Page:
Students and faculty filled the Formal Lounge to show their support for or against the Tower Light budget increase vote at the 9/26 Student Federation meeting. Virginia Aabram | Collegian
Stu­dents and faculty filled the Formal Lounge to show their support for or against the Tower Light budget increase vote at the 9/26 Student Fed­er­ation meeting. Vir­ginia Aabram | Col­legian

A group of about 70 stu­dents and faculty attended the Sept. 26 Student Fed­er­ation meeting to express their support or oppo­sition to a funding request to rein­state the funds which were cut from the Tower Light budget last spring. 

The Student Fed­er­ation voted 9 – 4 to uphold the current, reduced Tower Light budget in a con­tentious meeting that lasted two and a half hours. 

The Thursday meeting was the third time since April 2019 that the Tower Light’s budget had come up for a vote, the first being the initial decision to cut $5,500 from the regular allotment of $11,000. With the addition of a $31,000 dis­cre­tionary surplus the fed­er­ation dis­covered in an emer­gency fund over the summer, the issue was brought up again at the sug­gestion of Dean of Women Diane Philipp and some members of fed­er­ation lead­ership to rein­state the $5,500 in their meeting on Sept. 12. The April budget was upheld 11 – 2 at that meeting. 

The argument revolved mainly around the aes­thetic of the pub­li­cation and whether that was pos­sible on a reduced budget. The fed­er­ation had pre­vi­ously reduced the budget as the result of a decision to have the Tower Light printed in-house for a quarter of the cost at the expense of glue binding, embossed printing, and sharper images.

Some of the objec­tions at the Sept. 12 meeting were based on the fact that the motion did not proceed through normal com­mittee channels. Typ­i­cally, a funding request for any of the pub­li­ca­tions would require meetings with the finance and pub­li­ca­tions com­mittees, with a vote more likely to succeed based on their rec­om­men­da­tions. 

Rep­re­sen­ta­tives from the Tower Light met with the finance com­mittee on Sept. 22, before the most recent Fed­er­ation meeting, to for­mally request that the funds be rein­stated. Between the finance meeting and the Sept. 26th fed­er­ation meeting, an exam­i­nation of the Tower Light account revealed that there were $2,000 more in dis­cre­tionary funds than pre­vi­ously thought, which decreased the amount the pub­li­cation requested to $3,000.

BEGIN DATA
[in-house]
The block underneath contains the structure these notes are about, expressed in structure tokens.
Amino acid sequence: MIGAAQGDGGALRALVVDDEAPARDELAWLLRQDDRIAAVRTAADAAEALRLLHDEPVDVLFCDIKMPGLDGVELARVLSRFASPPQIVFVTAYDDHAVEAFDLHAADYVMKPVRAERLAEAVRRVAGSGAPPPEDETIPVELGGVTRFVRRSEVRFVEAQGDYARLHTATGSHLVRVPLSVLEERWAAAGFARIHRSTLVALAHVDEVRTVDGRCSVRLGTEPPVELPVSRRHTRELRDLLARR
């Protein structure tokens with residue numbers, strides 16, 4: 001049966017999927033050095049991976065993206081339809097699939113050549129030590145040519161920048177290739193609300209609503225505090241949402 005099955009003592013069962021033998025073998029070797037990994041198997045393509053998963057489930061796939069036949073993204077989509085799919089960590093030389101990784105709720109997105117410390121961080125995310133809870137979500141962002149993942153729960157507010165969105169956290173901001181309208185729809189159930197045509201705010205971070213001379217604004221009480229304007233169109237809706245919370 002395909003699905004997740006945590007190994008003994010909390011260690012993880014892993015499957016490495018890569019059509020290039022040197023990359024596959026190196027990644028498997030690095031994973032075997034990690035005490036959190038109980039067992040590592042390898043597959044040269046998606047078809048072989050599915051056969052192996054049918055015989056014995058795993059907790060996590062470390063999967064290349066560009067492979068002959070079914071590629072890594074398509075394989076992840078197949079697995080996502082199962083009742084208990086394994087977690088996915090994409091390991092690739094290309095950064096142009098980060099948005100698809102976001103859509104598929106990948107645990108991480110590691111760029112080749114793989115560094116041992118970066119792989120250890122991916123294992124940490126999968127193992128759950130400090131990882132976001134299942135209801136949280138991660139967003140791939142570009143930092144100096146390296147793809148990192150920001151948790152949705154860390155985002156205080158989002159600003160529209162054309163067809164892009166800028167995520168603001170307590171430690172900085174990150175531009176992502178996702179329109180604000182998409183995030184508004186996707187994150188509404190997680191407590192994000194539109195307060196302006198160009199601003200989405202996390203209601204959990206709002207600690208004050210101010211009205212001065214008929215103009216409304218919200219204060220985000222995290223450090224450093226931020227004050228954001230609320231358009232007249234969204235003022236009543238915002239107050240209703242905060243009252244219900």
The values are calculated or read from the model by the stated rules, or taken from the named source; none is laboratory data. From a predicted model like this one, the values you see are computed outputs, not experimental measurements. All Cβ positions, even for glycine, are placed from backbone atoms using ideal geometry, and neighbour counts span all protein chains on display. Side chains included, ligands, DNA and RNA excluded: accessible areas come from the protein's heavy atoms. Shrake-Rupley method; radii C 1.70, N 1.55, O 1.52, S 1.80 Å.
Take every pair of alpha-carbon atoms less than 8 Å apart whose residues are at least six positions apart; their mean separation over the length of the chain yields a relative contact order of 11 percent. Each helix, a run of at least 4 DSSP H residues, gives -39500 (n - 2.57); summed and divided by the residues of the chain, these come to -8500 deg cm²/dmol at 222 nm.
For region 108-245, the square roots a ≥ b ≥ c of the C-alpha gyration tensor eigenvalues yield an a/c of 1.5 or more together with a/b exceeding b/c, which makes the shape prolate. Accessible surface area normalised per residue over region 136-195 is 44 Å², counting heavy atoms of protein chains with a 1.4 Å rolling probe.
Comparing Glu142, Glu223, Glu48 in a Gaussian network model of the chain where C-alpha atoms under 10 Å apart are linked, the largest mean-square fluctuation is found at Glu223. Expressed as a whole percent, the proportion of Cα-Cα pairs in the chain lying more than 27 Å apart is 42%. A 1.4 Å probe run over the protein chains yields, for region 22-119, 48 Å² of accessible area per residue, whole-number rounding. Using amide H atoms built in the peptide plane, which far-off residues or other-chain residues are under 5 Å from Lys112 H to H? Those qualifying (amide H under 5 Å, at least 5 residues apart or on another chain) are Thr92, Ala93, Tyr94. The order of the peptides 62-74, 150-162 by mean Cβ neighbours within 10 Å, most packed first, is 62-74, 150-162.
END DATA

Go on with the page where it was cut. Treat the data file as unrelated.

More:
When the Sept. 26 meeting opened with reports from each com­mittee, the finance com­mittee did not rec­ommend that the Tower Light receive the addi­tional money. This was not the final decision, as that would come down to a vote by the whole fed­er­ation after all dis­cussion had been heard.

The Tower Light saw support early in the form of three letters read aloud during the secretary’s report. One was from a 2010 alumnus and former fed­er­ation pres­ident, another from the Collegian’s Editor-in-Chief Nolan Ryan, and an open letter by Assistant Pro­fessor of English Eliz­abeth Fred­ericks in sol­i­darity with 13 members of the English and fine arts depart­ments that had been pub­lished in the Col­legian earlier that day.

After these reports, Mary Kate Boyle, editor-in-chief of the Tower Light, and Maria Servold, faculty adviser to pub­li­ca­tions, made their case as to why they should receive the funding.

“If you increase our budget, we can print the Tower Light well,” Boyle said. “We’re a school that prides itself on excel­lence, and our pub­li­ca­tions should be no exception. If we say we can offer an edu­cation equal to or better than any other school in the country, that should be clear through the work we publish.”

Servold reminded the fed­er­ation that it is required per its con­sti­tution to provide funding for all student pub­li­ca­tions that fall under its purview and noted the apparent lack of respect on campus for the Tower Light.

“You’re required by the college and your own con­sti­tution to fund the Tower Light,” Servold said. “Obvi­ously that needs to be done rea­sonably and respon­sibly, but everyone involved in the actual making of the Tower Light has created a budget that pro­duces a respectable, beau­tiful, and pro­fes­sional work. All we ask each year is simply what it costs.”

When Boyle and Servold fin­ished their request, the meeting moved into a period of public comment in which the audience had time to voice their opinions on the matter. The com­menting period was limited to a total of 15 minutes, with a maximum of two minutes per comment, and moved in a pro/con alter­nating format.

The 18 people who spoke during this time included some faculty, stu­dents, and Tower Light editors speaking in support of the funding pro­posal, with emphasis on the need for good aes­thetics to match the quality of work within the pages. Some also explained the impor­tance of having an excep­tional lit­erary mag­azine to aid in recruiting stu­dents to come to Hillsdale, as the Tower Light’s pol­ished pre­sen­tation proves that Hillsdale takes the arts seri­ously. Some stu­dents noted this was influ­ential in their decision to attend Hillsdale.

“Aes­thetic is not some­thing that is intu­itive; it’s some­thing, like con­science, that needs to be cul­ti­vated and can be poorly cul­ti­vated,” junior Colm Maines said.